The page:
Rhea v. Butler
MEMORANDUM OPINION & ORDER: 1. Petitioner Rhea's petition for a writ of habeas corpus pursuant to 28 U.S.C. § 2241 [Record No. 1 ] is DENIED. 2. This action is DISMISSED and STRICKEN from the Court's docket. 3. Judgment shall be entered this date. Signed by Judge Danny C. Reeves on 06/14/2017.(KJA)cc: COR, paper copy to pro se filer via US Mail
UNITED STATES DISTRICT COURT
EASTERN DISTRICT OF KENTUCKY
GREGORY ALLEN RHEA,
S. BUTLER, Warden,
Civil Action No. 6: 16-201-DCR
**** **** **** ****
Inmate Gregory Rhea has filed a pro se petition for a writ of habeas corpus pursuant
to 28 U.S.C. § 2241 to challenge the imposition of disciplinary sanctions against him.
[Record No. 1] For the reasons outlined below, the petition will be denied.
On the evening of August 29, 2015, Rhea poked prison chaplain T. Jahr in the
stomach and told him “suck it in chaplain.” The next day, Jahr told Rhea that he was going
to issue an incident report against him for that action. Rhea responded by saying, “Like
this?” and then jabbing chaplain Jahr in the stomach again. Jahr escorted Rhea to the
lieutenant’s office, where he was charged with a Code 299 offense, Conduct which
Disrupts the Secure and Orderly Running of the Institution (High), Most Like Assault on
Any Person (Less Serious)). [Record No. 1-1 at 2]
A disciplinary hearing was held on September 11, 2015. Rhea admitted his actions,
but indicated that he believed that, based on his past comradery with the chaplain, his
conduct would be acceptable. The disciplinary hearing officer (“DHO”) concluded that
Rhea’s conduct constituted an unwanted touching, and found him guilty of Interfering with
a Staff Member in the Performance of Duties (High) - Most Like Code 224, Assault on Any
Person (Less Serious)). The DHO imposed various sanctions, which included the loss of
27 days of good conduct time. [Record No. 1-1 at 3-6]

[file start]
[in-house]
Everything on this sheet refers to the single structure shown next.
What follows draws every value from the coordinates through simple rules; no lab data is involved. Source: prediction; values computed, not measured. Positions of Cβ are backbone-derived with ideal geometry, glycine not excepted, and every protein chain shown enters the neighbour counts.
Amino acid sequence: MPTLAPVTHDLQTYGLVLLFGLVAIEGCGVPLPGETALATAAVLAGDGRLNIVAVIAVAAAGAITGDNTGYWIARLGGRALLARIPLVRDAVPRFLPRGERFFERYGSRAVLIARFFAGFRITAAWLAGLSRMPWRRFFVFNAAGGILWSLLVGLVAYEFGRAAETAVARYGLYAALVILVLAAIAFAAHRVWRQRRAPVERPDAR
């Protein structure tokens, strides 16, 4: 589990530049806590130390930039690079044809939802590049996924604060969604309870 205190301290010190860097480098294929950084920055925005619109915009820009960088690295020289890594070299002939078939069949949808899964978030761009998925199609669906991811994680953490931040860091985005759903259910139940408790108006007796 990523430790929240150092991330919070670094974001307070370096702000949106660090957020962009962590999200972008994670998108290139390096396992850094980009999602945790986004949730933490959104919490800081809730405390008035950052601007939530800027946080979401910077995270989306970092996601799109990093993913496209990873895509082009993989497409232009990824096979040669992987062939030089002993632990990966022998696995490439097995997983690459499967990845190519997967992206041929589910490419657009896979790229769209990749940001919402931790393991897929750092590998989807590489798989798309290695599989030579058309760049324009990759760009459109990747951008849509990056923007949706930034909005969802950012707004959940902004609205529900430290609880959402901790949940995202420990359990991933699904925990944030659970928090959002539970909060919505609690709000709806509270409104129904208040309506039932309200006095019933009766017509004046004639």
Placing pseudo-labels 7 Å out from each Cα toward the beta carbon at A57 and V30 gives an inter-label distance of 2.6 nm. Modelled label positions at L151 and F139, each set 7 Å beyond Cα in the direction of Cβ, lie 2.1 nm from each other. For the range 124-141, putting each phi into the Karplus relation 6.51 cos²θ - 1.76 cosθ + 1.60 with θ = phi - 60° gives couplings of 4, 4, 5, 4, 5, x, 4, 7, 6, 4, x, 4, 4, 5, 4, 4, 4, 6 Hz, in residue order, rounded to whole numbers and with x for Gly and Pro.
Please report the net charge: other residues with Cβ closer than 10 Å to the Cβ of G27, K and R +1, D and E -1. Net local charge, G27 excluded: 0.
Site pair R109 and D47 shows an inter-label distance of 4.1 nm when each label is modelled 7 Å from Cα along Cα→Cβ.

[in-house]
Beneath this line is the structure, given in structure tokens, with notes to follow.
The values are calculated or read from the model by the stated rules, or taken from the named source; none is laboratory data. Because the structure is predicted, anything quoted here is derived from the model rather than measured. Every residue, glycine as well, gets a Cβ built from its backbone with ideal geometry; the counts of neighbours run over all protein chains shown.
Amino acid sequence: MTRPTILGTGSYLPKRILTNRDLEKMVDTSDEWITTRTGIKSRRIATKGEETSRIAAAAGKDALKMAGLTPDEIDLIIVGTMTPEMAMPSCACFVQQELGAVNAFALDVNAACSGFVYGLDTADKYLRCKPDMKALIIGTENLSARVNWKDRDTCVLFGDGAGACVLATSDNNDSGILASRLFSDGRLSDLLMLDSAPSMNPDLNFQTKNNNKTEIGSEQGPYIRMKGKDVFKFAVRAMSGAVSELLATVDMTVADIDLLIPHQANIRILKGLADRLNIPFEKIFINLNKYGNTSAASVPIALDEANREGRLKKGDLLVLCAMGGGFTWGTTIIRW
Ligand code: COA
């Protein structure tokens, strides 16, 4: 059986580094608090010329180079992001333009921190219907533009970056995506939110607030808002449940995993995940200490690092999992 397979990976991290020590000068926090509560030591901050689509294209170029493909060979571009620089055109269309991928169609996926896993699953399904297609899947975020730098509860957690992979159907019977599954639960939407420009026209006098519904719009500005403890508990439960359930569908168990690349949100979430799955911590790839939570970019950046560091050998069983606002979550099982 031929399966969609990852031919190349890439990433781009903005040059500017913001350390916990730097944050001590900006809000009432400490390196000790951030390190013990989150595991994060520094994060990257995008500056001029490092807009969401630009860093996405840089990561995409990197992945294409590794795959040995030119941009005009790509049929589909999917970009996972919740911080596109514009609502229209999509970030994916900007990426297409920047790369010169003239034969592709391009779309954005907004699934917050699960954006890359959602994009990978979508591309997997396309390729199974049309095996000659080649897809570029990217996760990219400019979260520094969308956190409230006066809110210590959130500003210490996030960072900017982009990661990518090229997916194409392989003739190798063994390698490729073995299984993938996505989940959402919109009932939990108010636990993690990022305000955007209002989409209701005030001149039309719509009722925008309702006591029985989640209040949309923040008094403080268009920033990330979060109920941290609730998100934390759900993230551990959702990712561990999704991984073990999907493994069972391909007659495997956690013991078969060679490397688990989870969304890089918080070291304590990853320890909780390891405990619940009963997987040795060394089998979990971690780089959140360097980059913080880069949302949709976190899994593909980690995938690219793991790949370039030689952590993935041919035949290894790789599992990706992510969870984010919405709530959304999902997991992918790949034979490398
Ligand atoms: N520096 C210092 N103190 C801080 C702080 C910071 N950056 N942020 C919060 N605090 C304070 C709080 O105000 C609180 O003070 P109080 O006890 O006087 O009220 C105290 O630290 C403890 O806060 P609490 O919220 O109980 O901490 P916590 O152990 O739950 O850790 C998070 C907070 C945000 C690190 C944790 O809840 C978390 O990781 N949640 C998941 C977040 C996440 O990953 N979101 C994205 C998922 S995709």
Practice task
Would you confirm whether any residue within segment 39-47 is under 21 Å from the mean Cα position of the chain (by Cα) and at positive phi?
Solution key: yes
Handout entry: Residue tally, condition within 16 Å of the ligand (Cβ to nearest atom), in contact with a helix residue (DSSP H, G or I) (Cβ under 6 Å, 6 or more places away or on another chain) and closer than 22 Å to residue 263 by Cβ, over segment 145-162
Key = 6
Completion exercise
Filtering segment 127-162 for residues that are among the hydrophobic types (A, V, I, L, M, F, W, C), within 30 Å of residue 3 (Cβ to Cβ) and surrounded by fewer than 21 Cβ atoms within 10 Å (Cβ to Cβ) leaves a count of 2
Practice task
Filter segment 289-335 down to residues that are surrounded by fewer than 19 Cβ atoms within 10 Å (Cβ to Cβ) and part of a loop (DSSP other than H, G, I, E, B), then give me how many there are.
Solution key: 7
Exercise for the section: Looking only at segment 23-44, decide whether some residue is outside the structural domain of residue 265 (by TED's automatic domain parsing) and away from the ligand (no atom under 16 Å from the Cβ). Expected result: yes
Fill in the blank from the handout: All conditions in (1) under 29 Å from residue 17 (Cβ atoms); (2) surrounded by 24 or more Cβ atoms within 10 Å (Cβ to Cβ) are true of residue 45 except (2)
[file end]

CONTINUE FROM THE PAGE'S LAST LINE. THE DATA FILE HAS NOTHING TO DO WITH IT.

Rhea appealed the imposition of sanctions, but without success. Id. at 7-14. In his
petition, he reiterates the same arguments he made during his administrative appeals: that
his actions did not interfere with the chaplain’s performance of his duties, and that he
“patted” the chaplain’s stomach, he did not “poke” him. [R. 1 at 5]
The Court conducts an initial review of habeas corpus petitions. 28 U.S.C. § 2243;
Alexander v. Northern Bureau of Prisons, 419 F. App’x 544, 545 (6th Cir. 2011). A
petition will be denied “if it plainly appears from the petition and any attached exhibits that
the petitioner is not entitled to relief.” Rule 4 of the Rules Governing § 2254 Cases in the
United States District Courts (applicable to § 2241 petitions pursuant to Rule 1(b)). The
Court evaluates Rhea’s petition under a more lenient standard because he is not represented
by an attorney. Erickson v. Pardus, 551 U.S. 89, 94 (2007). The Court accepts the
petitioner’s factual allegations as true and construes all legal claims in his favor at this stage
of the proceedings. Bell Atlantic Corp. v. Twombly, 550 U.S. 544, 555-56 (2007).
When a prison disciplinary board takes action that results in the loss of good time
credits in which the prisoner has a vested liberty interest, the Due Process Clause requires
prison officials to observe certain protections for the prisoner. Specifically, the prisoner is
entitled to advanced notice of the charges, the opportunity to present evidence in his or her
defense, whether through live testimony or documents, and a written decision explaining
the grounds used to determine guilt or innocence of the offense. Wolff v. McDonnell, 418
U.S. 539, 563-66 (1974). Further, the board’s findings used as a basis to revoke good time
credits must be supported by some evidence in the record. Superintendent v. Hill, 472 U.S.